One of the few great industrialists in all of Canada’s brief history has died. Frank Hasenfratz, a refugee to Canada, named Linamar Corporation after his wife and two daughters, and it became a true Canadian and global success story. Mr. Hasenfanz died earlier this month. It was all over the news, all over Canada and all over the world. I read a great detailed biography of this Canadian, Frank Hasenfratz, today in the Wall Street Journal (free link). Yes, even the greatest news journals in the world are all covering the story — this great Canadian story.
But not the state-owned CBC. The media outlet mandated to “tell Canadian stories” took a pass on this one.
Here’s evidence of my search. The years-old stories captured here aren’t about Frank Hasenfratz at all, but mention (daughter) Linda Hasenfratz in passing in relation to something else entirely.
I only just recently sneeringly (and hyperbolically, as is my habit) remarked that Canada produces nothing, and relies on imports for almost everything its citizens need to survive. But Linamar is a huge Canadian success story. They employ tens of thousands of people — according to a dated Wikipedia entry, 29,000 people worldwide in 60 manufacturing plants, 8 R&D centers and 25 sales offices in 17 countries in North and South America, Europe and Asia. Total sales in 2018 were $7.6 billion.
This multi-billion-dollar global parts company which is now involved in green tech is one of the vanishingly few true industrial manufacturing powerhouses that still employ human capital — to actually make stuff — to produce goods — in Canada — and on a global scale; which is to say it exports products from Canada(!).
Linamar has been run by one of his daughters, Linda Hasenfratz for several years. She was named CEO of the company by her father after serving as President before that.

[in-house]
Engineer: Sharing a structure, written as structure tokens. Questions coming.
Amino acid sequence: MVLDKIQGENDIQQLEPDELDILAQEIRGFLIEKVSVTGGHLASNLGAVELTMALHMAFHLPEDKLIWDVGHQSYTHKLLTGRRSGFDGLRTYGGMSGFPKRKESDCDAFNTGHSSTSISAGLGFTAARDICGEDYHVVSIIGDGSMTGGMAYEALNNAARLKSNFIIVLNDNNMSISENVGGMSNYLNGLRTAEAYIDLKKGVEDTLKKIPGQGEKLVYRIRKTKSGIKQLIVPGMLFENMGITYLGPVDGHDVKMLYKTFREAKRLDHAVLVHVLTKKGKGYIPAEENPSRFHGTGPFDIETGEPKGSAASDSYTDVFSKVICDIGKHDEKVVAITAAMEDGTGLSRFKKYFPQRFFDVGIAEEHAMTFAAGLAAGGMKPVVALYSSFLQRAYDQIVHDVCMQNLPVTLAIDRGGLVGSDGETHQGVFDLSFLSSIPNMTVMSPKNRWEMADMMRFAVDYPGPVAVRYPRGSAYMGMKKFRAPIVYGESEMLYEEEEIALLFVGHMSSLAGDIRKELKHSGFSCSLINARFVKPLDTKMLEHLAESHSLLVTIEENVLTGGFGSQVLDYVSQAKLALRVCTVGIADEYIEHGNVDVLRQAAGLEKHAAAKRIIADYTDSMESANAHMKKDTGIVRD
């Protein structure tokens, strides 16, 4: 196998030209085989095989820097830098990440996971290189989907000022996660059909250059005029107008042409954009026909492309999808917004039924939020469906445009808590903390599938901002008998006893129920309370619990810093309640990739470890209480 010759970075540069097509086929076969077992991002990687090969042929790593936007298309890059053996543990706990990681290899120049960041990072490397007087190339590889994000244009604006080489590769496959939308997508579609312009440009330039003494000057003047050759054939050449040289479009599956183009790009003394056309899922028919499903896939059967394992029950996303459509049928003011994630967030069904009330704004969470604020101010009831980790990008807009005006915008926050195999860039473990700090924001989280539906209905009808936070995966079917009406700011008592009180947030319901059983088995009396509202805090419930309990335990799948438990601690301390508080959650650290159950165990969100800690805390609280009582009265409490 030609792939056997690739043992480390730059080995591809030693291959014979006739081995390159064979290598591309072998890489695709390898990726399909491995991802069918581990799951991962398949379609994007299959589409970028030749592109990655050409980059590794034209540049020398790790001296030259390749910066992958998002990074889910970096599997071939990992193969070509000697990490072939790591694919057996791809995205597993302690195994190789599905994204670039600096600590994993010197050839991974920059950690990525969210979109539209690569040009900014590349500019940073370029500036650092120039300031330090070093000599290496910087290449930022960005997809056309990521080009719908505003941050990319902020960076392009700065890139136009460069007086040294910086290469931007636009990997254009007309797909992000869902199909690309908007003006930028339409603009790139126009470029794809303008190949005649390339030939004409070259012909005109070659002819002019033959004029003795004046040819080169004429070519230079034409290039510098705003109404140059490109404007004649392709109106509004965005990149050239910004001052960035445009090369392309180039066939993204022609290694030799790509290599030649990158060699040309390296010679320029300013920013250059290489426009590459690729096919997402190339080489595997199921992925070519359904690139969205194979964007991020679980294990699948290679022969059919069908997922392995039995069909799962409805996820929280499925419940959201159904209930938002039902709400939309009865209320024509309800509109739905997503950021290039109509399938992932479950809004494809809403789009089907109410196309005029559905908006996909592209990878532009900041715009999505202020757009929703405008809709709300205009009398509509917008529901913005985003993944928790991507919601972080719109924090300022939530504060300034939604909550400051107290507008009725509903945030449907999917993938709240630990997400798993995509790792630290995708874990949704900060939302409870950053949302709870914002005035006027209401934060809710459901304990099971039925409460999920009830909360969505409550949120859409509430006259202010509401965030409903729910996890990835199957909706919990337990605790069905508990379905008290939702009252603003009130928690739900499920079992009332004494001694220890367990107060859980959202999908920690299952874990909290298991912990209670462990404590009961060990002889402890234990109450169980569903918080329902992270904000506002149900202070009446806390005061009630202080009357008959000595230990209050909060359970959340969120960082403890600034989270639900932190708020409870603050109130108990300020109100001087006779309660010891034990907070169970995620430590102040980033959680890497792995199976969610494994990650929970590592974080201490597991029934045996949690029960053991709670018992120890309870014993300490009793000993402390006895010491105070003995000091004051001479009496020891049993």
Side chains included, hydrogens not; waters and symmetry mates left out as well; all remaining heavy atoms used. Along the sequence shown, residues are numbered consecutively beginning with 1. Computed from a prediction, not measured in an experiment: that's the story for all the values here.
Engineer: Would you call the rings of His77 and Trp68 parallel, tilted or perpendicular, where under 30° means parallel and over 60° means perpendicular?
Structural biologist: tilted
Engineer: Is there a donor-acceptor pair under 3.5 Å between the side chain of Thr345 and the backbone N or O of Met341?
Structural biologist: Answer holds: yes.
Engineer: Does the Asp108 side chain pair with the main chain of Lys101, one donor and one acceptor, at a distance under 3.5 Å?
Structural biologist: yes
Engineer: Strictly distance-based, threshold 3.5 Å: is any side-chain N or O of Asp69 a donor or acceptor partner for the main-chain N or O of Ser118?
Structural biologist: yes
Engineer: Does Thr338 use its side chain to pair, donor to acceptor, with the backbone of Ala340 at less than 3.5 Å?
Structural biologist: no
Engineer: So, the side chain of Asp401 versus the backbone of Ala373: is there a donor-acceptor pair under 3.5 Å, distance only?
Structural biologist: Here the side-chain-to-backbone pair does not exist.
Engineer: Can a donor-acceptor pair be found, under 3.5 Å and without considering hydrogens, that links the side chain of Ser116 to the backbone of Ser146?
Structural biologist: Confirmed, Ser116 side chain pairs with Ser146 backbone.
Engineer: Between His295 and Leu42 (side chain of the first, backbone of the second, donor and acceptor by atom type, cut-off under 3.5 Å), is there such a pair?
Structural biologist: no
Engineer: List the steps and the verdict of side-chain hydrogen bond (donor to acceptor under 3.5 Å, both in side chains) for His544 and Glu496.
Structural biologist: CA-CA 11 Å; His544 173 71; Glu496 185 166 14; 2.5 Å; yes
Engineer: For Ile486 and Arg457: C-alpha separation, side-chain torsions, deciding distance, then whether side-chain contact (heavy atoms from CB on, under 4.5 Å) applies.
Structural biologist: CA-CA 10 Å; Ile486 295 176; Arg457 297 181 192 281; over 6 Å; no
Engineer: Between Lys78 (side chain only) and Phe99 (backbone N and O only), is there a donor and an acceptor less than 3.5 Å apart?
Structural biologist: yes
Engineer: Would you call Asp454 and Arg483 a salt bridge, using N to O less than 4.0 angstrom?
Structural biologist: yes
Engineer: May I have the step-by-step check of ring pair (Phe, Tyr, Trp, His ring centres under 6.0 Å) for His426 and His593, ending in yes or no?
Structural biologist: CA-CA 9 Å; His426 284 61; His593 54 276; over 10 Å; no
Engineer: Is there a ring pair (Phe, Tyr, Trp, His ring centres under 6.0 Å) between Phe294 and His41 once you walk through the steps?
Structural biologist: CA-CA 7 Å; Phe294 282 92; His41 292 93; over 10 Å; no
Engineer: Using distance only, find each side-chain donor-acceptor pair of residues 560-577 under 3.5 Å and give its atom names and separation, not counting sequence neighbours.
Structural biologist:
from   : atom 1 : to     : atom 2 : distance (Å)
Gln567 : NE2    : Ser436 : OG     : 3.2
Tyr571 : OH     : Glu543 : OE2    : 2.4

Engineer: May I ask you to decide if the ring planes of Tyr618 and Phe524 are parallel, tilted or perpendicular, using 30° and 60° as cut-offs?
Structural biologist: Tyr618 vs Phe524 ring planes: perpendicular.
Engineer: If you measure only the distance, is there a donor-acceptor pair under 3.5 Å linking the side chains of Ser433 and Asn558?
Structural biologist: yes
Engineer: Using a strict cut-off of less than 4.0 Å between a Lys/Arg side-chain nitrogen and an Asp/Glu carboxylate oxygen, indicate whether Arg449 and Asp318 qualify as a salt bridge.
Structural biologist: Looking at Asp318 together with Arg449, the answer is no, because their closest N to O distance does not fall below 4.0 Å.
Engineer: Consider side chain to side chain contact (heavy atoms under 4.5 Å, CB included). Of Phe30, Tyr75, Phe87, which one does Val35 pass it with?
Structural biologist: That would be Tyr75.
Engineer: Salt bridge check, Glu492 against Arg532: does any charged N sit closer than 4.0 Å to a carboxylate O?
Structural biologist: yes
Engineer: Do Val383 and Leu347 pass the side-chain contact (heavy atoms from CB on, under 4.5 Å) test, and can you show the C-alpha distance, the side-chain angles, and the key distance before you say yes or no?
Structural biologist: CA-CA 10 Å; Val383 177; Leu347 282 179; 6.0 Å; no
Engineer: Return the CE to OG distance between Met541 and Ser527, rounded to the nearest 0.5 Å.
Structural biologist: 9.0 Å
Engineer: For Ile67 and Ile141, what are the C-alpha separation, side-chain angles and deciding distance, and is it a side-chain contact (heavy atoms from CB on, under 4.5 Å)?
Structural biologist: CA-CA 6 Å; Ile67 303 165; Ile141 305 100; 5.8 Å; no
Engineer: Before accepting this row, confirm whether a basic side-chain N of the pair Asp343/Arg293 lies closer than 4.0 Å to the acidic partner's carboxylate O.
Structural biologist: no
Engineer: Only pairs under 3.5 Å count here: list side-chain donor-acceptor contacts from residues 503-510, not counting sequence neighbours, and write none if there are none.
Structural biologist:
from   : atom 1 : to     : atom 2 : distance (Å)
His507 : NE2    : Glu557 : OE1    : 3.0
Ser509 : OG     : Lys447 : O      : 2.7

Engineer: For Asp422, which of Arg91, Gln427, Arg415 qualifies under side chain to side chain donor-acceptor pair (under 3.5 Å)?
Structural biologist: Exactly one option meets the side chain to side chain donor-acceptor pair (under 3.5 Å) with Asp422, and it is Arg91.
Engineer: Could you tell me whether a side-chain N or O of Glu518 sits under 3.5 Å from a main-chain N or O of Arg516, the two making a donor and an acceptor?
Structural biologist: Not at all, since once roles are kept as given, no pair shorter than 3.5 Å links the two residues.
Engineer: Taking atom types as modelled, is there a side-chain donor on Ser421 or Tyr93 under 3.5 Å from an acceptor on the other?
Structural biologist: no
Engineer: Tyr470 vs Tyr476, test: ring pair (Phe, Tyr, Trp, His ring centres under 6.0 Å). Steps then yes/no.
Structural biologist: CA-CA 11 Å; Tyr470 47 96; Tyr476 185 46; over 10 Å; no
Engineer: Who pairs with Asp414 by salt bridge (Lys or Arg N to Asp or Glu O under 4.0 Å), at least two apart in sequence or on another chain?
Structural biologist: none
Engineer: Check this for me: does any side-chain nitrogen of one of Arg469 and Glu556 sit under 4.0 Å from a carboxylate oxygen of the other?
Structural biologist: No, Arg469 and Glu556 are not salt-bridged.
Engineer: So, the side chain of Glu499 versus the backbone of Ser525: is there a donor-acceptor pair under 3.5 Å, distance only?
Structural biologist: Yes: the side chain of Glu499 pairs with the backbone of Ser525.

It is a really remarkable rags-to-riches story. A Canadian story. A story of a Hungarian refugee’s success in the rough and tumble world of free-market capitalism and Canadian and American and global competition, in which this Canadian won (oh —is that what explains the socialism-reliant CBC’s yawn over this story?) And that is to say nothing of the fact that now, a woman runs the giant modern Canadian corporation, which I was led to believe was a wonderful thing worthy of no end of press coverage and the accolades of all Canadians. This is a Canadian story of success and pride with a woman in charge! But CBC decided against mentioning the story to its viewers and readers, for reasons inexplicable.
Read the story at Wall Street Journal. While you’re there, stay there and read the other news that is actually important. If you can, subscribe. It’s the best value in news you can find, and probably costs less than what you pay in taxes for the state-owned, taxpayer-funded CBC, which actually makes you dumber, as evidenced by this.
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